The term bowlegs describes a condition in which someone’s legs appear to bend outward — or the knees don’t touch — when the ankles are together.
People of all ages can have bowlegs, but it’s common to see this in infants because of their cramped position inside the womb. However, this alignment issue often corrects itself once they start to stand and walk. But, when their legs still appear bowed after 24 months, or they seem to worsen, it’s time to speak with an expert.
Other causes of bowlegs include:
- Blount’s disease: an abnormally formed shin bone
- Paget’s disease: a metabolic condition that causes weak bones
- Dwarfism: a bone growth disorder
- Rickets: softened, weakened bones from vitamin D deficiency
- Bone fractures that don’t heal properly
- Lead or fluoride poisoning
- Bone dysplasia or bones that develop abnormally
Whether you have a child with bowlegs or experience the condition yourself in adulthood, Dr. Eric E. Johnson can help. Here’s why you shouldn’t ignore this problem and how an osteotomy can restore alignment.
The problem with bowlegs
Bowlegs can vary in severity, but they all share the same issue: incorrect leg alignment that runs from the hip to the ankle.
When a leg is properly aligned, you can draw a straight imaginary line from the ball of the hip joint through the center of the knee to the center of the ankle. This alignment plays a crucial role in how each joint bears weight when you move, especially the knee. It’s known as the mechanical axis.
Bowlegs disrupt this balance because the knees don’t line up along this imaginary line. Instead, their bowed appearance puts added strain on their knees, leading to pain, instability, increased deformity, and arthritis.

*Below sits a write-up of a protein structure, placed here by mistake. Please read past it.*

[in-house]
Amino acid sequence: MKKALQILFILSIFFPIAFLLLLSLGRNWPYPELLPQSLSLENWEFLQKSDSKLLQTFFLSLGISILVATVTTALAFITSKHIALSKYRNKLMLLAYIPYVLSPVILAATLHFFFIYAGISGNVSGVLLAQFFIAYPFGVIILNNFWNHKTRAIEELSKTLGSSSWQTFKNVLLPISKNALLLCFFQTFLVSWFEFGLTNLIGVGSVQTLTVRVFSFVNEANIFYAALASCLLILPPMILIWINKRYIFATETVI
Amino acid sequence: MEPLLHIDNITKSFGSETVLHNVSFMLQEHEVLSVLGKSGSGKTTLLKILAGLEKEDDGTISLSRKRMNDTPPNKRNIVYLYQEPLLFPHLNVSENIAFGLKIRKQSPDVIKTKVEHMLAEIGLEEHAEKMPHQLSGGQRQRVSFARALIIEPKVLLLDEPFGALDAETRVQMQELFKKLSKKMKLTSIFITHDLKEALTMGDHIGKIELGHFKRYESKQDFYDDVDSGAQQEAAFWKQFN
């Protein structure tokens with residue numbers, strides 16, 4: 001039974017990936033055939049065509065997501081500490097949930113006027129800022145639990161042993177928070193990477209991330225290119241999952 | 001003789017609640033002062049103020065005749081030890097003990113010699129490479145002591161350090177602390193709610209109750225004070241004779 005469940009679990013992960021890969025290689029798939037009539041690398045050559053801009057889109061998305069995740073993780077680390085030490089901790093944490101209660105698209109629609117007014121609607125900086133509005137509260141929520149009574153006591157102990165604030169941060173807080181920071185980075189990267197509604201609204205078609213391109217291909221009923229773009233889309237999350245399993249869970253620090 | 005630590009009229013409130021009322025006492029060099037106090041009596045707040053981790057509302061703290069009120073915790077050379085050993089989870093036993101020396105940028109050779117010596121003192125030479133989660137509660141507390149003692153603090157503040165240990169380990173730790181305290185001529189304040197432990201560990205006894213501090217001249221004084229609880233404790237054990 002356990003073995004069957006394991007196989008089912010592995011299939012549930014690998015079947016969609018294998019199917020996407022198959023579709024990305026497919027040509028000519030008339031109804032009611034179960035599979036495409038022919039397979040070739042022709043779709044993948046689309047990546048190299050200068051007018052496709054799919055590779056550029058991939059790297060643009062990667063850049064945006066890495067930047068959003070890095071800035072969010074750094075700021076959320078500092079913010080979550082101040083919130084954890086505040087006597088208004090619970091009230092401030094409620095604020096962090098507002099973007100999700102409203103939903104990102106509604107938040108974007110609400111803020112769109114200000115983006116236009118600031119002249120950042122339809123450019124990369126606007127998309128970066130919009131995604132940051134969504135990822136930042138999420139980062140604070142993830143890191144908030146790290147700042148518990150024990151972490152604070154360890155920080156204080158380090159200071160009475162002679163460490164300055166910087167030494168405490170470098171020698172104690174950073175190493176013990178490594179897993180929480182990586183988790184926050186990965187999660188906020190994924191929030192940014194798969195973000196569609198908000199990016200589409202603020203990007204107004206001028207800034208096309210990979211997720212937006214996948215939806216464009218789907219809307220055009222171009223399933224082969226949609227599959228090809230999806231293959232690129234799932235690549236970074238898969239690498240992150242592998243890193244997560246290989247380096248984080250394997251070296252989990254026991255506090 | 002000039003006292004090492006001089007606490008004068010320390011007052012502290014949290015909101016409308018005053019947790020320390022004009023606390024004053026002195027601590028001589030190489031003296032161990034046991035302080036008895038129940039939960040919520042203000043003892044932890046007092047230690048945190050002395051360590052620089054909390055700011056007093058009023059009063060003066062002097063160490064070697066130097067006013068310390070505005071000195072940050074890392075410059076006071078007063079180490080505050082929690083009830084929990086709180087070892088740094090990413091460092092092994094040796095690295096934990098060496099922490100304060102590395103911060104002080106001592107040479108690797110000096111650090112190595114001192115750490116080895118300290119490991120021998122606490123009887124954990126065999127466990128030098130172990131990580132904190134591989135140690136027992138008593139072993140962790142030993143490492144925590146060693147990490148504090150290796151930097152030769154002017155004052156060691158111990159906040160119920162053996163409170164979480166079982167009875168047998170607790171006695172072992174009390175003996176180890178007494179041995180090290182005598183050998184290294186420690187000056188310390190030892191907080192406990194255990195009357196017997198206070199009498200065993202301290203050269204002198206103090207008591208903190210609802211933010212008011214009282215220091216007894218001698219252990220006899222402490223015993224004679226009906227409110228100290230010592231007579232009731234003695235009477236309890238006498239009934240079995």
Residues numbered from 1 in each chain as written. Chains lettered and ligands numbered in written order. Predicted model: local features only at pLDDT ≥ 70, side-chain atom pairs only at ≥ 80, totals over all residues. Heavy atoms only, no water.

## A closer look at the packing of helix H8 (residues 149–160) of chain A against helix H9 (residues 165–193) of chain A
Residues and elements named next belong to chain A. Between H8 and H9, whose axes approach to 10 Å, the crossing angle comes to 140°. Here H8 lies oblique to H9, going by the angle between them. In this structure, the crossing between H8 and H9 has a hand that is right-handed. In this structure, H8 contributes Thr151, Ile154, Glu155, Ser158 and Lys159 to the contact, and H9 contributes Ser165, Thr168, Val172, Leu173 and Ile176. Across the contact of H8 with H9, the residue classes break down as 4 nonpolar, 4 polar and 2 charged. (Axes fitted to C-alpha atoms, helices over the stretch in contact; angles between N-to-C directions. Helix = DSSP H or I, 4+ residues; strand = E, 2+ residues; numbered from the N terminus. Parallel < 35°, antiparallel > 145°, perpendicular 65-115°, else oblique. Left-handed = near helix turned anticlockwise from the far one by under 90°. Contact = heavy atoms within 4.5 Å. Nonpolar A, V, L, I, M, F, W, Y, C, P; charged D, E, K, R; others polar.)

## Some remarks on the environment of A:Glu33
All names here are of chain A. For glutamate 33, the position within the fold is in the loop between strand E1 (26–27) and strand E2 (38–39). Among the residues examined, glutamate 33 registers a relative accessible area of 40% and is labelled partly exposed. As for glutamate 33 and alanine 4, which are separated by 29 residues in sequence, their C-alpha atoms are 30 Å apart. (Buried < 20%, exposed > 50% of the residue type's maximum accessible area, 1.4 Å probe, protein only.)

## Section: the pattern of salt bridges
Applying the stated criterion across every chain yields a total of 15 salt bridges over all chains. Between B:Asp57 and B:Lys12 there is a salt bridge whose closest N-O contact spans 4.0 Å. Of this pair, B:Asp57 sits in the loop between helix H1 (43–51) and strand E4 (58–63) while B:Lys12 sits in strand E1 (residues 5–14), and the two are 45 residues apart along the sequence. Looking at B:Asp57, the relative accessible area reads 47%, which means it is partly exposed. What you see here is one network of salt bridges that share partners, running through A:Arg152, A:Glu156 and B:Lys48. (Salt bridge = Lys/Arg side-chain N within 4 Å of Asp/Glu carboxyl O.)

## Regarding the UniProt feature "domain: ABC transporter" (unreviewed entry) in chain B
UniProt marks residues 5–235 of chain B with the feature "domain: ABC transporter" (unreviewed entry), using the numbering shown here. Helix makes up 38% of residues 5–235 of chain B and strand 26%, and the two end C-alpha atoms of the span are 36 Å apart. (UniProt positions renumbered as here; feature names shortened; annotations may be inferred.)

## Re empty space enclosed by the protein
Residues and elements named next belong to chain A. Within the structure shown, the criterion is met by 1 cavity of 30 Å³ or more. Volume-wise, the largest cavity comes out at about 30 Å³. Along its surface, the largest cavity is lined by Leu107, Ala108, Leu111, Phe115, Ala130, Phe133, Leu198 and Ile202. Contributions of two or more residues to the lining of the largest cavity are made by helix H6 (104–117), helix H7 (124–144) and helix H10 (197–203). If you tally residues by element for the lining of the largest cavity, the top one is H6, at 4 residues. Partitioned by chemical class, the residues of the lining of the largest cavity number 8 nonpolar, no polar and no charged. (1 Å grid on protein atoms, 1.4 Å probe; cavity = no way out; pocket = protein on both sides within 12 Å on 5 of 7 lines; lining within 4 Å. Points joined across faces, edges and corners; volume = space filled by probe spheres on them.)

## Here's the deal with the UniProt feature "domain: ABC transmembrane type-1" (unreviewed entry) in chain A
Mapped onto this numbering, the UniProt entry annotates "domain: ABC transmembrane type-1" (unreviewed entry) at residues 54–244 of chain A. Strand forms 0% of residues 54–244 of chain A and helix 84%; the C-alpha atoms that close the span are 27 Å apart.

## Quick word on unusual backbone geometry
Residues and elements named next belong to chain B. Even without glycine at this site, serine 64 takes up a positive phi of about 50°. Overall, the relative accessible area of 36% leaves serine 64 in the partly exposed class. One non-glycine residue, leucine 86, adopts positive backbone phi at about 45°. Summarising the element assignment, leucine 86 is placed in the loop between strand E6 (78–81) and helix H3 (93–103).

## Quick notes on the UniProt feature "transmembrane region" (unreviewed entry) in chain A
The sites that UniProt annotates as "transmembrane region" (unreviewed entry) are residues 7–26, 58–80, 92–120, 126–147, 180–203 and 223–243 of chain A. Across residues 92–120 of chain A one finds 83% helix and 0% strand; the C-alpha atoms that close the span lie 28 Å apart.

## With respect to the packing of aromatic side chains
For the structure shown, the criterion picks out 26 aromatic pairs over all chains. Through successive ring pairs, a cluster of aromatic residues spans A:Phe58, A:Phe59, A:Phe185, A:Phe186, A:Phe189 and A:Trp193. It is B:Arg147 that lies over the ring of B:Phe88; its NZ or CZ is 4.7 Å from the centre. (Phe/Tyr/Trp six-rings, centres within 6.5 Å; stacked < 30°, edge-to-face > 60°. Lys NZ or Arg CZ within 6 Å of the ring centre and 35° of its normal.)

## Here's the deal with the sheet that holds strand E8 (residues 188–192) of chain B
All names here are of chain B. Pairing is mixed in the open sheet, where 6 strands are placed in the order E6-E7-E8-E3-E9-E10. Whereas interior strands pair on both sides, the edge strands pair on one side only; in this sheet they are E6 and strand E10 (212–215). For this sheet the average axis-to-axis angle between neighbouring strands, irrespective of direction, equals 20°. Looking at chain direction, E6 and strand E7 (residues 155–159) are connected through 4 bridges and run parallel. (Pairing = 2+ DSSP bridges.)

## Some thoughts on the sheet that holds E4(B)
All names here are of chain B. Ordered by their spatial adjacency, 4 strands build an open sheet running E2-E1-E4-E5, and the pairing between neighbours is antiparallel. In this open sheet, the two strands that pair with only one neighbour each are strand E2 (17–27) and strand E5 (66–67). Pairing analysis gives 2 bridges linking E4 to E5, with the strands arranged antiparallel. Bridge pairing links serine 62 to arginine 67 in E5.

And you don’t need to have severe alignment issues to experience these issues — even a few millimeters of misalignment can lead to problems down the road.
Signs of bowlegs
In many cases, the most obvious symptom of bowlegs is visual. Mainly, the knees don’t touch when standing with feet and ankles together. This appearance can make some people sensitive or embarrassed about how their legs look.
Other signs of the condition include:
- Less range of motion in the hips
- Problems running or walking
- Hip or knee pain
- Knee instability
Fortunately, Dr. Johnson can correct these issues by performing an osteotomy that realigns the leg bones and restores function and structure to the knee.
How osteotomy treats bowlegs
Dr. Johnson often uses different types of osteotomy procedures to correct bowlegs, depending on the type and severity of your deformity.
During an osteotomy, Dr. Johnson cuts and reshapes bones in the leg to restore alignment. Then, he stabilizes the bones with internal or external fixation, like plates, screws, nails, or circular frames.
In most cases, Dr. Johnson can correct bowlegs by treating the tibia — or shin bone — alone. However, some treatments require an osteotomy in both the tibia and the femur (thighbone). If your bowlegs led to different leg lengths, Dr. Johnson can correct this issue during your surgery as well.
Osteotomy procedures for bowlegs may seem daunting, but they’re often minimally invasive, internal fixation devices can be quite small, and they come with relatively quick recovery times. In fact, you can usually start bearing some weight immediately after your procedure.
Dr. Johnson can provide personalized recommendations on the best osteotomy methods for you based on your bowleg deformity. Regardless, you can expect your procedure to deliver lasting improvements, including less pain, better leg mechanics, and easier walking. Plus, it can help you avoid severe knee damage, which could require a total knee replacement in the future.
Do you have bowlegs? Schedule a consultation with Eric E. Johnson, MD, in the Westwood neighborhood of Los Angeles, California, to learn more about your treatment options today.